With regard to interest rates, the WSJ expects the Fed Funds rate to rise to 0.2% by mid-year and 0.4% by year-end. The WSJ consensus predicts that the yield on 10-year Treasury Notes – currently around 3.35% – will rise to 3.6% by mid-year and near 4% by year-end.
As for the employment outlook, the BCEI consensus forecast calls for monthly non-farm payrolls to average monthly gains of 188,000 for all of 2011, as compared to 161,000 in December and only a 92,000 monthly average for all of 2010. They expect the unemployment rate to average 9.4% for all of this year.
The WSJ survey expects a monthly average rise in non-farm payrolls of only 179,000 for all of this year. The WSJ survey expects the official unemployment rate to fall to 9.3% by mid-year and 8.8% by year-end. But that may be too optimistic as I will discuss below.
As noted earlier, the forecasts for the housing market were not nearly so positive. In the WSJ survey, only 17 of 56 respondents believe that home prices nationally will rise in 2011, seven expect no change, and 32 expect home prices to decline more. On a more positive note, the BCEI consensus expects monthly housing starts to average 680,000 units, as compared to only 527,000 in December.
Lastly, the WSJ survey asked the respondents to predict the price of crude oil for this year. The consensus forecast was $88.7 at mid-year and $90.7 by year-end. Crude oil is trading near $86 a barrel as this is written.
The Case For Slower Than Expected Growth
As noted above, the WSJ and BCEI surveys both suggest that the economy will grow by slightly more than 3% this year. But there were plenty of respondents to both surveys that believe the economy will grow by less than 3% this year. What follows is a brief summation of the concerns held by these less optimistic survey respondents, in no particular order.
President Obama’s $800+ billion stimulus spending will largely come to an end in 2011. Many argue that it accomplished little in the way of real growth in the economy. There appears to be little or no talk about further stimulus coming from the Obama Administration, so other than the temporary payroll tax holiday passed in December, fiscal policy will be mostly neutral in 2011. Likewise, the Fed’s $600 billion QE2 will come to an end by mid-year, and as noted above, most economists expect interest rates to rise this year.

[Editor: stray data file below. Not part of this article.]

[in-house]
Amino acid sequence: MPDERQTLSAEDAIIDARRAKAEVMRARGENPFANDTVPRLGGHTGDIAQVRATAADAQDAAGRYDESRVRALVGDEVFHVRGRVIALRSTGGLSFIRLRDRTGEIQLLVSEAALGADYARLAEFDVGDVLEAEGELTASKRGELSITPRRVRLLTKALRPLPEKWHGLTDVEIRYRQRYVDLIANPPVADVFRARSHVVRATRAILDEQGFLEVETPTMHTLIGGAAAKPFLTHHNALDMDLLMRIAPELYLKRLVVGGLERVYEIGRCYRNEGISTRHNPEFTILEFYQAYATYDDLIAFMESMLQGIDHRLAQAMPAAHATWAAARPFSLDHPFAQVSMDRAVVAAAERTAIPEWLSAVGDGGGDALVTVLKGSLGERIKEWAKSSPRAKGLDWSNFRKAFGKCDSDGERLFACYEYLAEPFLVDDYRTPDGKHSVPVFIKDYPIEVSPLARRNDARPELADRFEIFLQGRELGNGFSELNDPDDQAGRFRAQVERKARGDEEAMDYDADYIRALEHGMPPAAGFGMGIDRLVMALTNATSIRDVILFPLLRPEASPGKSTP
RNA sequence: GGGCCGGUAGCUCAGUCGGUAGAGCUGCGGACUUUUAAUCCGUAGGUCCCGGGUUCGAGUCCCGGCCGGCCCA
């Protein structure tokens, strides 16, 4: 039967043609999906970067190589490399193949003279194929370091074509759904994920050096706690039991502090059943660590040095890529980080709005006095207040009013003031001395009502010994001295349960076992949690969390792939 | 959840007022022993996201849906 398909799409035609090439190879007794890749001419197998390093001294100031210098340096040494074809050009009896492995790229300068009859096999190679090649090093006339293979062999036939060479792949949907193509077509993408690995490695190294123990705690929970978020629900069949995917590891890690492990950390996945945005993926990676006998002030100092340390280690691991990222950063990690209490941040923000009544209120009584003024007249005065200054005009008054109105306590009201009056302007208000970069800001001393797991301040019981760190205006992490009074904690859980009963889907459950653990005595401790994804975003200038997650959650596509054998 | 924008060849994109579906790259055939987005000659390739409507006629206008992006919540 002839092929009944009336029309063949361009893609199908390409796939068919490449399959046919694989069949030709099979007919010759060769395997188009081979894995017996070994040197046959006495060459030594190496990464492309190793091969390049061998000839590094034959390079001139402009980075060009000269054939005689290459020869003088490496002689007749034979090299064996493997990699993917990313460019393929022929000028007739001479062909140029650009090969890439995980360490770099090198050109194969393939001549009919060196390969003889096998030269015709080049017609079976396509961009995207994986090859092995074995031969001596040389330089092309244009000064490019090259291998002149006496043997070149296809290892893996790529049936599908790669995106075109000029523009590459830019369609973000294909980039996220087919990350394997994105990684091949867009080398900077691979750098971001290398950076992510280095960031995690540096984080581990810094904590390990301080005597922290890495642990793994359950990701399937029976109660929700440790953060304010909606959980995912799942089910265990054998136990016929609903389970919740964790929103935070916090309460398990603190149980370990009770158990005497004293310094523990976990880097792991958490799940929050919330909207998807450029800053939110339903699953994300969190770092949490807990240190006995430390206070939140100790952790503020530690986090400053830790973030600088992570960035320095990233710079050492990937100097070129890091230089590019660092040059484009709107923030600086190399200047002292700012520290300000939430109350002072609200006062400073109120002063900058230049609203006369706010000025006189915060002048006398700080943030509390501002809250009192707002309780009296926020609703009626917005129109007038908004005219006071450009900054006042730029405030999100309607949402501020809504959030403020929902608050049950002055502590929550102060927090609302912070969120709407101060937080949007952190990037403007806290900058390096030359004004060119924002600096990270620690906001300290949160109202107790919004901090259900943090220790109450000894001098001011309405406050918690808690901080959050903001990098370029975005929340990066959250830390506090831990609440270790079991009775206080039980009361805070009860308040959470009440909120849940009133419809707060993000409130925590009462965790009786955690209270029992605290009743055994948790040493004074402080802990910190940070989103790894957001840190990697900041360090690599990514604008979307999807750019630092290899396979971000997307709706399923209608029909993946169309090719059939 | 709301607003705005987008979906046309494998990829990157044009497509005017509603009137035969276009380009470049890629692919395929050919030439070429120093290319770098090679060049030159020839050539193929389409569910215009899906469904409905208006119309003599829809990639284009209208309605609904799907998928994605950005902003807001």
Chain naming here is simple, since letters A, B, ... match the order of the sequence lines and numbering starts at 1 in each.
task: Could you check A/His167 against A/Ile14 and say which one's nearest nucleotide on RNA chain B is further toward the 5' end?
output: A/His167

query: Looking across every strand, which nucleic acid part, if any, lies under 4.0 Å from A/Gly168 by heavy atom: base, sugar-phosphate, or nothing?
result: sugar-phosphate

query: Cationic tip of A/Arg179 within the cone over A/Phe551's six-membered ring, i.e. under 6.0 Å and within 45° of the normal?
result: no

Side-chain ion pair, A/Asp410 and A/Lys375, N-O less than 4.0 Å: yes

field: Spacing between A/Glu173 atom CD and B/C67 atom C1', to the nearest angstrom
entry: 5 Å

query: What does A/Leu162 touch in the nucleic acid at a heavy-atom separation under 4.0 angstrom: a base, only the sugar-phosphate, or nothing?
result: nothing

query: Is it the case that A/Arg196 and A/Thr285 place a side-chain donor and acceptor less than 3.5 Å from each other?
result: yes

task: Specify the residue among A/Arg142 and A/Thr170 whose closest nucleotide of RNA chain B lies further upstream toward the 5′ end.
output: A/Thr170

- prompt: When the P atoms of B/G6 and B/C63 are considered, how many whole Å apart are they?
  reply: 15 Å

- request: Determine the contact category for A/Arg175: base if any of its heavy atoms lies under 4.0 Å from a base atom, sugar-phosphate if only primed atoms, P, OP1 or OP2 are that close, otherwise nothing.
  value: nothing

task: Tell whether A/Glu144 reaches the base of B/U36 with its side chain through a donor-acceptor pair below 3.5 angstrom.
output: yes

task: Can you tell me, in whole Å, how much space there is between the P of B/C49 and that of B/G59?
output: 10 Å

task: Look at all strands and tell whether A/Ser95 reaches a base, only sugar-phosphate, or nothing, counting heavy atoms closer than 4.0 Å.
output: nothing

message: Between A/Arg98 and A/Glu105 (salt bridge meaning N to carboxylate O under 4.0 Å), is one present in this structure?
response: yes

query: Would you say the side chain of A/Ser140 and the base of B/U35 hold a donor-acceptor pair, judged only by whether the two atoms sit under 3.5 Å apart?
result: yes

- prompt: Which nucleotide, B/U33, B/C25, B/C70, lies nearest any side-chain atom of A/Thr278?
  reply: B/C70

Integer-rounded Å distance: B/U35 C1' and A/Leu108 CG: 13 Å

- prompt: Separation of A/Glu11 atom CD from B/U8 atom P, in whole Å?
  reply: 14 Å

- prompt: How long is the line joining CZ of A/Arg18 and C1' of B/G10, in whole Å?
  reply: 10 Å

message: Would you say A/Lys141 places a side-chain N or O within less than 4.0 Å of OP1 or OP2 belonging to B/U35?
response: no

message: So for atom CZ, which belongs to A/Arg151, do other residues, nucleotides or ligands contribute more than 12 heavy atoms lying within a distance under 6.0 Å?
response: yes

State and local governments are drowning in red ink. This will be a drag on the national economy as states cut budgets and lay off workers. In addition, it will also result in higher taxes and fees as states struggle to balance their budgets.
As noted above, many believe that the surge in consumer spending late last year came at the expense of savings. The national personal saving rate more than tripled during the recession, but in the last half of 2010, the rate peaked and fell significantly. While the savings rate is still above the lows in 2005, some forecasters believe consumer spending will not be strong enough to push economic growth above 3% in 2011.
Rising food and energy prices are another serious concern. Several recent studies have shown that the surge in food and energy will cost the average family an extra $1,300 in expenses this year. Since wages are not going up, generally speaking, families will have to cut back somewhere to make up for that added cost.
Next, there is a broad consensus that inventory rebuilding was the main driver of economic growth since the recession ended in mid-2009. Inventories as a percent of GDP fell to the lowest levels in over 50 years during the recession, so they naturally spiked higher in the last half of 2009 and 2010. Forecasters are mixed on the outlook for inventory investment in 2011, but it is fair to conclude that inventory rebuilding will not repeat last year’s levels this year.
As noted above, home prices will remain a drag on the economy this year. Home foreclosures topped a record one million units in 2010 following 918,000 homes seized in 2009, according to RealtyTrac. The firm warned that foreclosure filings could have been substantially higher were it not for the 4Q drop in foreclosure activity amid the controversy over foreclosure documentation and procedures. But foreclosures look to increase again this year.